FDNY Firefighter Joseph DiBernardo Jr., left, is seen standing next to a fellow firefighter.
Photo credit: Courtesy Photo
NEW YORK -- In his first interview since his 40-year old son was found dead in his Long Island bedroom--retired, FDNY deputy chief Joseph DiBernardo told PIX 11 he wants his son's name included on the FDNY's "Wall of Heroes"--which honors those who died in the line of duty.
Joey DiBernardo died last November, nearly seven years after he was forced to jump from the top floor of a burning building in the Bronx. PIX 11 learned Monday the official cause of death was accidental overdose of painkillers and anti-depressants. "The reason he was on medications was pain. The pain was caused by Black Sunday. If there was no Black Sunday, my son would be here today."
Before he jumped, because illegal partitions blocked the fire escapes, Joseph P. DiBernardo had held a safety rope--so he could assist his colleague, Jeff Cool, who was trying to get out of the next window. Cool, a father of two sons, has long credited DiBernardo with saving his life. Two of the six firefighters who jumped died on January 23, 2005. "They died that day," DiBernardo's father told PIX 11 Monday. "And my son lived in pain for six, more years."
The retired, deputy chief told PIX he submitted a package of documents to a union official, who was having a recent meeting with FDNY brass. Some of the letters quoted a pain management doctor and psychiatric nurse who treated DiBernardo for panic attacks and Post Traumatic Stress Disorder, after Black Sunday. DiBernardo's father quoted Dr. Philliipe Vaillncourt: "Continuing pain contributed directly to his death." The final autopsy report, signed in February 2012, lists the cause of death as "Hydromorphone and Citralapram Intoxication"--another way of saying an overdose of painkillers and antidepressants. The manner of death: Accident. DiBernardo's father said his son wouldn't want to deliberately take his own life. "Oh, no. He would have left me a note, and he'd never leave his best friend, his dog." DiBernardo's beloved dog, Rescue, was found resting on top of DiBernardo's body in the retired fire lieutenant's bedroom, at his Miller Place home in Suffolk County.
A union source told PIX 11 the department was reluctant to grant the DiBernardo family a "line of duty" death designation, but an FDNY spokesman issued a statement Monday evening indicating the family could submit a request:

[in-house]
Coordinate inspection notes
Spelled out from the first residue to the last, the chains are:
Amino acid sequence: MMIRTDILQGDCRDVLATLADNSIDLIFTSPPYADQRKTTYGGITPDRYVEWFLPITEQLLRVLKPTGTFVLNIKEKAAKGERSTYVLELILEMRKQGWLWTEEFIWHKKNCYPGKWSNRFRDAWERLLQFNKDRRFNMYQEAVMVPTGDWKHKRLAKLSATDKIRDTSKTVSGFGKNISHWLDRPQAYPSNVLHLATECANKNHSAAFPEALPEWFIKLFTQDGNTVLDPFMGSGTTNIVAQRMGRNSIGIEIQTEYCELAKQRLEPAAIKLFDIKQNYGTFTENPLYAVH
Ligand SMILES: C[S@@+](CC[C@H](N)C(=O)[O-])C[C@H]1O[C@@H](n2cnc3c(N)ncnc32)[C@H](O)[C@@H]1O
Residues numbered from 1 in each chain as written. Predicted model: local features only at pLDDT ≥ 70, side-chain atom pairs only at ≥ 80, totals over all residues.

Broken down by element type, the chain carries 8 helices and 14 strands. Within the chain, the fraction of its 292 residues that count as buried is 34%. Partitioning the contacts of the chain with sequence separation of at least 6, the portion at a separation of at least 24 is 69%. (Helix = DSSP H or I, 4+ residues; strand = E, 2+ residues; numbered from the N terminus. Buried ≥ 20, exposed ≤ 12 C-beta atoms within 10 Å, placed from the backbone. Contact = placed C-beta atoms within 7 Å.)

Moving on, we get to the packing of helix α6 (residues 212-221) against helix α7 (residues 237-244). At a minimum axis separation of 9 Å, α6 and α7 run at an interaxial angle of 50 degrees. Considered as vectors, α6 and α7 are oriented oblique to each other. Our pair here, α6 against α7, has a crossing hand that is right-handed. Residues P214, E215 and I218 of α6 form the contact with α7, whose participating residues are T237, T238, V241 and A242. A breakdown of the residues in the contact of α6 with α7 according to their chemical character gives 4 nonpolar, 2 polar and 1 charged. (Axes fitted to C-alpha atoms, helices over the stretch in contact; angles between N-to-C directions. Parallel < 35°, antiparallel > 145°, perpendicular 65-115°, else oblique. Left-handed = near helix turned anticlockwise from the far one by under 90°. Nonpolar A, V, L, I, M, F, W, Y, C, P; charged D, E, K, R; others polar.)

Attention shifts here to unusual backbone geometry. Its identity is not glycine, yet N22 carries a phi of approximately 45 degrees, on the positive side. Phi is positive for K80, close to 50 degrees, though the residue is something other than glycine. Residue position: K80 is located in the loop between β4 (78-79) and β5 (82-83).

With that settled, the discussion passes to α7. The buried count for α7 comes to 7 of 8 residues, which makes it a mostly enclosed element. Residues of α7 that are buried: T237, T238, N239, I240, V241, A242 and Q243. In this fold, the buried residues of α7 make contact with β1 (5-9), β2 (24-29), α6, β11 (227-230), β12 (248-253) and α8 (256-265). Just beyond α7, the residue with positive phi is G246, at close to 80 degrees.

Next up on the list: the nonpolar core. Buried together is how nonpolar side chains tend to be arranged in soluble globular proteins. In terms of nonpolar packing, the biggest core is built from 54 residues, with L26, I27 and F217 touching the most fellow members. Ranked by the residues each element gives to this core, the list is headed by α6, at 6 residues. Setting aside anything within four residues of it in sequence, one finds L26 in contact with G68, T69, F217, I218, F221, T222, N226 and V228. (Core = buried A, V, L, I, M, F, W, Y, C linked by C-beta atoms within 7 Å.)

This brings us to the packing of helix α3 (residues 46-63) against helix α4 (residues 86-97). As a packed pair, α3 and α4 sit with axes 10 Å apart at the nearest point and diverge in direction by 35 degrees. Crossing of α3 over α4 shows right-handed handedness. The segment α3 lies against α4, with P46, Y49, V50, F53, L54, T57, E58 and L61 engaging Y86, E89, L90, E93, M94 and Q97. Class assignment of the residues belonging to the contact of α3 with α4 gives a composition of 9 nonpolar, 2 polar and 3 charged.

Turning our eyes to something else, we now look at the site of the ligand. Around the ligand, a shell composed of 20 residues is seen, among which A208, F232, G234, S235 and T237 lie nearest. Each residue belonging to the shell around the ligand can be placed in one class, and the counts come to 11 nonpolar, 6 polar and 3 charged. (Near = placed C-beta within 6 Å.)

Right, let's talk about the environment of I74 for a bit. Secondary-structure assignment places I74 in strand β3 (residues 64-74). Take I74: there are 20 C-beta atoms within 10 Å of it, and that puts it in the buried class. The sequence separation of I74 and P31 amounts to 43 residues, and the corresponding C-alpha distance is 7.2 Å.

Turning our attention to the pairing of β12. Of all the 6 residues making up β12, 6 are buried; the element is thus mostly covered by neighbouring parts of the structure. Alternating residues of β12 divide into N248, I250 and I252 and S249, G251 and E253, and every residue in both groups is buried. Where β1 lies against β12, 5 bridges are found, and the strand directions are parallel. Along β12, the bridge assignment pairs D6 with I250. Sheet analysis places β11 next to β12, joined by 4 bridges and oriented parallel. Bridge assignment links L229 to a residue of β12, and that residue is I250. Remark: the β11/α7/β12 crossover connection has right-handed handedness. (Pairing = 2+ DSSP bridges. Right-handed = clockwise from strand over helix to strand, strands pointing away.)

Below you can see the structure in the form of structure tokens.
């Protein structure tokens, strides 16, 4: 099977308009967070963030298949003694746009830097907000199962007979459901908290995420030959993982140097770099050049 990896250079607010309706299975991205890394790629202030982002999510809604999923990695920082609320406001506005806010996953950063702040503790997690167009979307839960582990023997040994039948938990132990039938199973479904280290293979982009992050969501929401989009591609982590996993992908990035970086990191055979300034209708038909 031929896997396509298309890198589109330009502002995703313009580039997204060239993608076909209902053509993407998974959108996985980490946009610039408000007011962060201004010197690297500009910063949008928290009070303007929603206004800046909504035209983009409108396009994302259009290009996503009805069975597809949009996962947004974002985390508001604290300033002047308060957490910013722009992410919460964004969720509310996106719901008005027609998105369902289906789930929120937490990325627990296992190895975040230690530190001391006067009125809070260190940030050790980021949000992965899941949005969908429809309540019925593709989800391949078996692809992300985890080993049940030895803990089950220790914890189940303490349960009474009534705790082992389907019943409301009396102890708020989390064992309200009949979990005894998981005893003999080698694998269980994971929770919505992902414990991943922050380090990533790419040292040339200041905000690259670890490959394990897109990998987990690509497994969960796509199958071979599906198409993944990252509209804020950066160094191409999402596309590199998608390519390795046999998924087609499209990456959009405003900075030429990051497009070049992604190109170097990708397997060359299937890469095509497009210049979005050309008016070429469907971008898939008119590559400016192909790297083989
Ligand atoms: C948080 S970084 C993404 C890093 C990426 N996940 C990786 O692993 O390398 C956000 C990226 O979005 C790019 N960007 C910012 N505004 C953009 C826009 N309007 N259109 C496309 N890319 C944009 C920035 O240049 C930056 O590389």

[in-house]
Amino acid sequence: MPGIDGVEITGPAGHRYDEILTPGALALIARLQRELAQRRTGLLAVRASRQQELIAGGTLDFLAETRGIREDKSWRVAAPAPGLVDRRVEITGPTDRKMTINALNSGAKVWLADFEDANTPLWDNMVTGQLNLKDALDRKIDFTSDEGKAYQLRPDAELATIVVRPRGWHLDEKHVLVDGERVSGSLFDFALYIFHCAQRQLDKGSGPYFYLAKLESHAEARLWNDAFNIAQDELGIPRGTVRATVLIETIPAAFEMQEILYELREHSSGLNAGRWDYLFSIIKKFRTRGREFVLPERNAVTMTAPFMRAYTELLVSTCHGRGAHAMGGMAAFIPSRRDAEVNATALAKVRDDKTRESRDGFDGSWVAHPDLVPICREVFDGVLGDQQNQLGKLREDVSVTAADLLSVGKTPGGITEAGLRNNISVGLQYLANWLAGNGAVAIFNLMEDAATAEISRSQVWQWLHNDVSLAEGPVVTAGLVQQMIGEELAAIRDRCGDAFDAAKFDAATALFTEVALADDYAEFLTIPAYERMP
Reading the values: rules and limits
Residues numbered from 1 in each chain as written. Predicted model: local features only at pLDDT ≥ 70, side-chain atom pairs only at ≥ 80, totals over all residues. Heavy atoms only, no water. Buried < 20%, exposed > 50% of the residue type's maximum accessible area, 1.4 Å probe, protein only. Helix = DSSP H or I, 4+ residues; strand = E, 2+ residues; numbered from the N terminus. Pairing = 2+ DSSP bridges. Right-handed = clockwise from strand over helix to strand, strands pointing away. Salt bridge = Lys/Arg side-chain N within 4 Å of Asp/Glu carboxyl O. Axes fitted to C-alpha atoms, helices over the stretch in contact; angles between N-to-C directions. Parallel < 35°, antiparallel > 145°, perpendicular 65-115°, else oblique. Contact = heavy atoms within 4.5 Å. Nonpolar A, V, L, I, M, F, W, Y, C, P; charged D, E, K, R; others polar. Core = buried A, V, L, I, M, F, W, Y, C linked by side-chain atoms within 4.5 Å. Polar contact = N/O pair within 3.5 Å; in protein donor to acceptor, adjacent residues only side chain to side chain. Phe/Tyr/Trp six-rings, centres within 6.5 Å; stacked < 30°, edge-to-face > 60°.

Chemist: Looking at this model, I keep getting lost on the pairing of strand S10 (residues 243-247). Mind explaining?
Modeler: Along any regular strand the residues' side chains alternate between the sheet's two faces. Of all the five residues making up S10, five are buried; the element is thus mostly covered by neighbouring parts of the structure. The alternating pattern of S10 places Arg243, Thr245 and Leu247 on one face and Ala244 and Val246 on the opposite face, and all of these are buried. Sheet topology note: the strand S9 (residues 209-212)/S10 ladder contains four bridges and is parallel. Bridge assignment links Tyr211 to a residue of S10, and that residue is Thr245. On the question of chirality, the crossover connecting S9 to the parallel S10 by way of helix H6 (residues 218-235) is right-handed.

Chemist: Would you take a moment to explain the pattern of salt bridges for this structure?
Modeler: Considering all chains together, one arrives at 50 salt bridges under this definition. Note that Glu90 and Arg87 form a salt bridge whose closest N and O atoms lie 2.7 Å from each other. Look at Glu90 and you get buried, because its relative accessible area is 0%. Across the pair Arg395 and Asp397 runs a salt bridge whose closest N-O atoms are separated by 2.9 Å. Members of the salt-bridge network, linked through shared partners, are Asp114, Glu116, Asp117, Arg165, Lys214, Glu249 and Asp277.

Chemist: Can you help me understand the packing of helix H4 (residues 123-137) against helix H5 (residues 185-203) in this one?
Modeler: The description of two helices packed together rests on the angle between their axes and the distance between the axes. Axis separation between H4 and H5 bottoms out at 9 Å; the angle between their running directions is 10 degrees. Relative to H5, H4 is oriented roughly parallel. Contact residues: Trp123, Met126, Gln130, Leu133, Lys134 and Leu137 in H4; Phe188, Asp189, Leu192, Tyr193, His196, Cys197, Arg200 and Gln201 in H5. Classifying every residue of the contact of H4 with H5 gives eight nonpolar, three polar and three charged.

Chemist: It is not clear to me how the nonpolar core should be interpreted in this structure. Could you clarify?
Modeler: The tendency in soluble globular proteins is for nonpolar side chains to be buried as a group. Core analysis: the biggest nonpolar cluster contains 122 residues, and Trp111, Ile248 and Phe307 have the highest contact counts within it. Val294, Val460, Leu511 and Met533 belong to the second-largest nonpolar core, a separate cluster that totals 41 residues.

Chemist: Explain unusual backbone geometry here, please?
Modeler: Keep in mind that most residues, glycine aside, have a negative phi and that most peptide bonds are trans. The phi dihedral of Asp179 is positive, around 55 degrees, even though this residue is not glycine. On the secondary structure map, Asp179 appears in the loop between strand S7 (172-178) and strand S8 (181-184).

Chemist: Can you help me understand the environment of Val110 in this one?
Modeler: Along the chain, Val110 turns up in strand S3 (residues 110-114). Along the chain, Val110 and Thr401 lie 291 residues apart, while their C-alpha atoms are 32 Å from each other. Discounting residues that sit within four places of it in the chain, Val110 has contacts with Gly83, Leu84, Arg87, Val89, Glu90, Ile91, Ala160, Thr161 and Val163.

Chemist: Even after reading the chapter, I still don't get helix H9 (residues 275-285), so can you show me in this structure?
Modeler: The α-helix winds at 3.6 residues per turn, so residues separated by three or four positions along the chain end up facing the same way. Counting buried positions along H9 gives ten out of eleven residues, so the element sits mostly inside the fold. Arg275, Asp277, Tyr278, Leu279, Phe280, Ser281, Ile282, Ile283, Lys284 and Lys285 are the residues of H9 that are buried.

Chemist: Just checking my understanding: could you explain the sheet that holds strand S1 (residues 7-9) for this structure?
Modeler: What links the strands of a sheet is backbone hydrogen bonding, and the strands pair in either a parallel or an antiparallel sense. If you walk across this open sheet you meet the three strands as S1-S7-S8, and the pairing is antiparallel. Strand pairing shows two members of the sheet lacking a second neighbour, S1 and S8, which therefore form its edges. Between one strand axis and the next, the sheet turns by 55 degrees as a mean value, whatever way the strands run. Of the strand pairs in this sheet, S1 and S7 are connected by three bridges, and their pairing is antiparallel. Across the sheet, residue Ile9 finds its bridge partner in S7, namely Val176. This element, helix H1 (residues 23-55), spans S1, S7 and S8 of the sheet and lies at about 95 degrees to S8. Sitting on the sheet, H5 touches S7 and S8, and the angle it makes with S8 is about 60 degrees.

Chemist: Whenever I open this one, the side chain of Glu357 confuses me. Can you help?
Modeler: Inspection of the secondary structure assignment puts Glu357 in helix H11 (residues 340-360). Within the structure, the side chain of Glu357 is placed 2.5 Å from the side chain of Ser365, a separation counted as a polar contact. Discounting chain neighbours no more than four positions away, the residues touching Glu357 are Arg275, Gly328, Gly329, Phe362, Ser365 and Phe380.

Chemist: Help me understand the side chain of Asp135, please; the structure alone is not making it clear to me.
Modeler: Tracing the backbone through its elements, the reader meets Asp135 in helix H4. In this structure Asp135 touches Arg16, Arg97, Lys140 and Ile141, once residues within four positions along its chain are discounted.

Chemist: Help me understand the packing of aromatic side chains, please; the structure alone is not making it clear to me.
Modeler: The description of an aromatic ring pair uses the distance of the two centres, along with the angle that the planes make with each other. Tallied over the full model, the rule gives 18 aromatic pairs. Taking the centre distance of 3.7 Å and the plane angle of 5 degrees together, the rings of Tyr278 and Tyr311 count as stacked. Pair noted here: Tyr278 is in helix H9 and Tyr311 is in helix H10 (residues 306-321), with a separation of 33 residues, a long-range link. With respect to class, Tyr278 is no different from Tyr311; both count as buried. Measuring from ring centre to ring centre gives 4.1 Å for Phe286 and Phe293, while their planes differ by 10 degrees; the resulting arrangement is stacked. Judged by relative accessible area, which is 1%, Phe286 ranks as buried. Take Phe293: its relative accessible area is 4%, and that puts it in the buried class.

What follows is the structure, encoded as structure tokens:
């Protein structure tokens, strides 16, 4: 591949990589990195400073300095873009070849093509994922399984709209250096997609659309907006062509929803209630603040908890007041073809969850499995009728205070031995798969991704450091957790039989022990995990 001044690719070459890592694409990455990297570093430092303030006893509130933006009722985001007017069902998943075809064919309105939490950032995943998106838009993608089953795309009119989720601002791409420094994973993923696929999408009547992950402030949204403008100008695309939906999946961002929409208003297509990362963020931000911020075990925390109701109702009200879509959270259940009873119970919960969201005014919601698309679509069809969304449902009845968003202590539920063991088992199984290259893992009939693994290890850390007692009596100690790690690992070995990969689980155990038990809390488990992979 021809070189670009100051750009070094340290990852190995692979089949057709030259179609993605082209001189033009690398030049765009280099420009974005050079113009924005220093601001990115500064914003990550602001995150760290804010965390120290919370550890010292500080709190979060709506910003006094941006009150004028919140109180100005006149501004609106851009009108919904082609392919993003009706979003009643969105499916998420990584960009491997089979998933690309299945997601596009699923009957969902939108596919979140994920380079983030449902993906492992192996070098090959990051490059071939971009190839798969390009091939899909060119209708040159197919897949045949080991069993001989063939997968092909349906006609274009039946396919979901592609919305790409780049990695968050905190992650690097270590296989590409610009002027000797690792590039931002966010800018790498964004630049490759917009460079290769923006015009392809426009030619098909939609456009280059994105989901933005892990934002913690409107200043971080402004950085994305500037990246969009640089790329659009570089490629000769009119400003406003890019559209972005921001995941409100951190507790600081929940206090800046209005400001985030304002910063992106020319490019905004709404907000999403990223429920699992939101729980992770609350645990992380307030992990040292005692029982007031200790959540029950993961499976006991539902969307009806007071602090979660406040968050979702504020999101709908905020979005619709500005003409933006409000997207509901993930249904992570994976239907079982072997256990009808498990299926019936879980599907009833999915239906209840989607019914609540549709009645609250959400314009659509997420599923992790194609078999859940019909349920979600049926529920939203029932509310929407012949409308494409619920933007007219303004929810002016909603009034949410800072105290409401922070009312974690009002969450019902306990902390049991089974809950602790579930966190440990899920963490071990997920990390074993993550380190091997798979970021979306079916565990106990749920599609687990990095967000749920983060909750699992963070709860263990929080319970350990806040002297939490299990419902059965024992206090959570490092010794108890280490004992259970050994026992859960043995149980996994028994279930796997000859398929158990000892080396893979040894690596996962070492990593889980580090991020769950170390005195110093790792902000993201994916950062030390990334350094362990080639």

"There must be an application to the Board of Trustees of the Fire Department Pension Fund (represented by both city and union representatives) in order for anyone to be approved for a line of duty death designation. No such application has been made in the case of retired Lieut. DiBernardo. If such an application is formally made, it will be reviewed by the Board of Trustees for consideration."
DiBernardo's father pointed out to PIX 11 that a review for CVS pharmacy records in 2004 showed there were absolutely no prescriptions filled for his son, Joseph P. DiBernardo, that year. "He never took any medications in his life," his father pointed out. But after January 2005, there were numerous prescriptions. DiBernardo was taking ten medications at the time of his death on November 22, 2011.
The father recalled that he and his son spent months digging through the pile of debris at Ground Zero, after the 9/11 terror attacks in 2001. Joey D, as he was called, had lost more than a half dozen colleagues from his Rescue 3 squad in the Bronx. The psychiatric nurse told family members Joey's D's trauma was compounded after Black Sunday in 2005. But in the months before his death, he was making a turnaround, his family told PIX. He had enrolled in Suffolk County Community College the week before his death, hoping to study to be a counselor. He had spent the summer enjoying a new boat on the water. And he loved his role as godfather to his sister's baby daughter.
Now, DiBernardo's father has trouble sleeping, as he continues to mourn his only son's premature death. "All I can see is my son in a box, six feet in the ground," the retired chief said tearfully. "40 years old, he should be here with us, he shouldn't be dead. And he's dead because of that fire."
And the fire chief vowed to press on with his drive to see his son's name honored. He talked of writing to Mayor Bloomberg, who had called him after Joey's death. "The mayor can do this. He can do this. I think he's an honorable man."
He spoke of being on a mission to close the final chapter of the Black Sunday story for his son. "All those heroes on that wall. He knows he belongs there. And he won't rest in peace until his name is there. And neither will I."
Copyright 2012 - WPIX-TV, New York
McClatchy-Tribune News Service